BEIJING • China's February trade performance was far worse than economists had expected, with exports tumbling the most in over six years, days after top leaders sought to reassure investors that the outlook for the world's second-largest economy remains solid.
Exports fell 25.4 per cent from a year earlier, twice as much as markets had feared, as demand skidded in all of China's major markets, while imports slumped 13.8 per cent, the 16th straight month of decline.
The export drop was the biggest since May 2009, but economists said it may not necessarily point to a significant worsening in economic conditions due to sharply reduced business activity during the long Chinese New Year holidays, which fell in early February this year.
Still, January-February exports on a combined basis, which should iron out some of the holiday effect, fell 17.8 per cent and imports were down by 16.7 per cent, pointing to persistently weak demand at home and abroad that is weighing on the economy of the world's largest trading nation.
"We suspect that overall exports remain weak but we don't see much evidence of marked deterioration. For instance there was no sudden drop-off in export orders in the Markit PMI (activity survey), and they generally do a pretty good job of adjusting for seasonality," said Mr Julian Evans- Prichard, China economist at Capital Economics in Singapore.
China posted a trade surplus of US$32.59 billion (S$45 billion) for the month, down from US$63.29 billion in January, the General Administration of Customs said yesterday.
The sharp drop in imports shatters the hope that China is rolling out a stimulus package that would boost demand for commodities. The recent rally in bulk commodities, led by iron ore, might be only short-lived.
MR ZHOU HAO, senior emerging markets economist at Commerzbank in Singapore.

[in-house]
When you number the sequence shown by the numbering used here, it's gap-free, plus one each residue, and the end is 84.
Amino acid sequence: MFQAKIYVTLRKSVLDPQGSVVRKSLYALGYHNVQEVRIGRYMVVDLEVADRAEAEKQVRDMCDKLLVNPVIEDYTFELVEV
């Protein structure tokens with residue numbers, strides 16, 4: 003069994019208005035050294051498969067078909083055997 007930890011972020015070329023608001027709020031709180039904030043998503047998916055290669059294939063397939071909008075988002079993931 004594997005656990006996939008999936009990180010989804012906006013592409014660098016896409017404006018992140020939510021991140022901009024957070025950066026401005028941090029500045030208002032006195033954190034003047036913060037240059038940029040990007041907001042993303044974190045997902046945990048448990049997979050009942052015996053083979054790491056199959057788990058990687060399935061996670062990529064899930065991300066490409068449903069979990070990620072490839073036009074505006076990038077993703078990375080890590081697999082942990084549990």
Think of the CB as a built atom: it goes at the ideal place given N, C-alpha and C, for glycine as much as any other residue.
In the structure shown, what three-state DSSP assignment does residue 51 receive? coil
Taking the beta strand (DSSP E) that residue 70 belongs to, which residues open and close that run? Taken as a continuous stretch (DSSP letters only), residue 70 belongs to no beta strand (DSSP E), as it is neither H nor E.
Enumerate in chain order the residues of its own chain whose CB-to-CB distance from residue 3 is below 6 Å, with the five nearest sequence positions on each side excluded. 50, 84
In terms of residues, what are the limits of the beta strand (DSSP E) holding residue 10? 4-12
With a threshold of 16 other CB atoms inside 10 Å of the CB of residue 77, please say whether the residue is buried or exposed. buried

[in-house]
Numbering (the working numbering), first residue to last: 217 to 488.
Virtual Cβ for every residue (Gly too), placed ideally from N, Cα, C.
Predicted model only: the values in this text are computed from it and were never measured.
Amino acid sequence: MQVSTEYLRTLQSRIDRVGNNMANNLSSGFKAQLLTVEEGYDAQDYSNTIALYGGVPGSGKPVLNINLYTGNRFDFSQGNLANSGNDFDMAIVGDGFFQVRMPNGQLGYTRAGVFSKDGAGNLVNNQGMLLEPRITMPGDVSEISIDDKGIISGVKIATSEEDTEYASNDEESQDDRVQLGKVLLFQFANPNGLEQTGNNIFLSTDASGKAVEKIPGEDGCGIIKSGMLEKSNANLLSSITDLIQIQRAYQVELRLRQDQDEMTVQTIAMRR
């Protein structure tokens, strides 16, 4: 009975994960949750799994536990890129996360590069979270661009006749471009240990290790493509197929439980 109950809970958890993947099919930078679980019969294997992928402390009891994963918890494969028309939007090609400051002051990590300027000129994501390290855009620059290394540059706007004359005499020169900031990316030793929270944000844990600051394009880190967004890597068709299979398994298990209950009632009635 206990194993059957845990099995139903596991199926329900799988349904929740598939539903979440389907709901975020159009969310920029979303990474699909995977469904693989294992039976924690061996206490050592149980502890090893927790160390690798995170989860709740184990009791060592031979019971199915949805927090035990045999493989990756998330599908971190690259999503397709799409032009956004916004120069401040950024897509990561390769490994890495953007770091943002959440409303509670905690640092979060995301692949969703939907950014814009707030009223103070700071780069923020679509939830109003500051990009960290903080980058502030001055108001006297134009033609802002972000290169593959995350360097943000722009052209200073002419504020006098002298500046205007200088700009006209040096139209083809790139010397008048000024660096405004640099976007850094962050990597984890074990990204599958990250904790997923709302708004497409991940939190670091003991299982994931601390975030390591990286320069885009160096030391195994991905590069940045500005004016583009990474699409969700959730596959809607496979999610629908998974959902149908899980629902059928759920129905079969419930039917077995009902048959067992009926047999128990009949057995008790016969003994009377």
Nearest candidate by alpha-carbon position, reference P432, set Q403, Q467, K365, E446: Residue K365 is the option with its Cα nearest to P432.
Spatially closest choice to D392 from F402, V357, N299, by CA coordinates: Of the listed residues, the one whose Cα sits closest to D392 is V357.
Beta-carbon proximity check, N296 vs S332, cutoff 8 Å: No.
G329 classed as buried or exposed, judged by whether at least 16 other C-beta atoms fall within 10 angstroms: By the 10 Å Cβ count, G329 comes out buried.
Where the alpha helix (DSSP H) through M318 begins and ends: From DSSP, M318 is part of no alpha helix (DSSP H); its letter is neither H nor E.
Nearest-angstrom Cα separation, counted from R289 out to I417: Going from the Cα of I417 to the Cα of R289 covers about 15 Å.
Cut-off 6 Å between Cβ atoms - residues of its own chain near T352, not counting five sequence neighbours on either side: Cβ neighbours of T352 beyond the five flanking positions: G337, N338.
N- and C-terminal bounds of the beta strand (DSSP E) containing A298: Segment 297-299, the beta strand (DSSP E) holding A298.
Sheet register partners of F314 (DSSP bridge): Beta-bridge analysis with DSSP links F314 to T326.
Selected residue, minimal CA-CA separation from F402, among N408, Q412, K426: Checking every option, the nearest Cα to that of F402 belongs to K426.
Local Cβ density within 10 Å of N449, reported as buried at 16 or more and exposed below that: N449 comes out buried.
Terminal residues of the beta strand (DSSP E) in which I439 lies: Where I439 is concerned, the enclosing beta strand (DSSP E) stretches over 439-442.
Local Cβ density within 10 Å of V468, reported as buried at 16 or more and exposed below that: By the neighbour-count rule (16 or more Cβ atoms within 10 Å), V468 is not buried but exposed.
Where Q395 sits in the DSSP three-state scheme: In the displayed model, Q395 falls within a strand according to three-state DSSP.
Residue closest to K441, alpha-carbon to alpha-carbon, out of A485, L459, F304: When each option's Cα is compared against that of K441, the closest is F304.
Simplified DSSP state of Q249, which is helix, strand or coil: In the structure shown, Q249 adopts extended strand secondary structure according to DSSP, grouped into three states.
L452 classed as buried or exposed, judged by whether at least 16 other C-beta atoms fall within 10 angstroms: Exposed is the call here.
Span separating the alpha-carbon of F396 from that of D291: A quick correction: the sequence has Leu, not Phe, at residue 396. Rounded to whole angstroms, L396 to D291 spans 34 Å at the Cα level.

After missing trade goals repeatedly in recent years, China's leaders did not give an estimate for trade growth this year when they set out key economic targets in Parliament last Saturday, reflecting deep uncertainty about global demand.
Commerce Minister Gao Hucheng said last month he was confident that China's trade conditions would stabilise and improve this year, though most analysts see no improvement in sight.
"The sharp drop in imports also shatters the hope that China is rolling out a stimulus package that would boost demand for commodities," said Mr Zhou Hao, senior emerging markets economist at Commerzbank in Singapore. "The recent rally in bulk commodities, led by iron ore, might be only short-lived."
China's leaders set an economic growth target of 6.5 per cent to 7 per cent for this year as they opened the annual session of parliament last week, compared with 6.9 per cent last year, the country's slowest expansion in a quarter of a century.
As part of efforts to stimulate activity, policymakers have proposed raising the 2016 fiscal deficit to 3 per cent of gross domestic product, from 2015's budgeted 2.3 per cent. Economists expect further reductions in interest rates and the amount of money that banks must hold in reserve, extending a year- long stimulus blitz.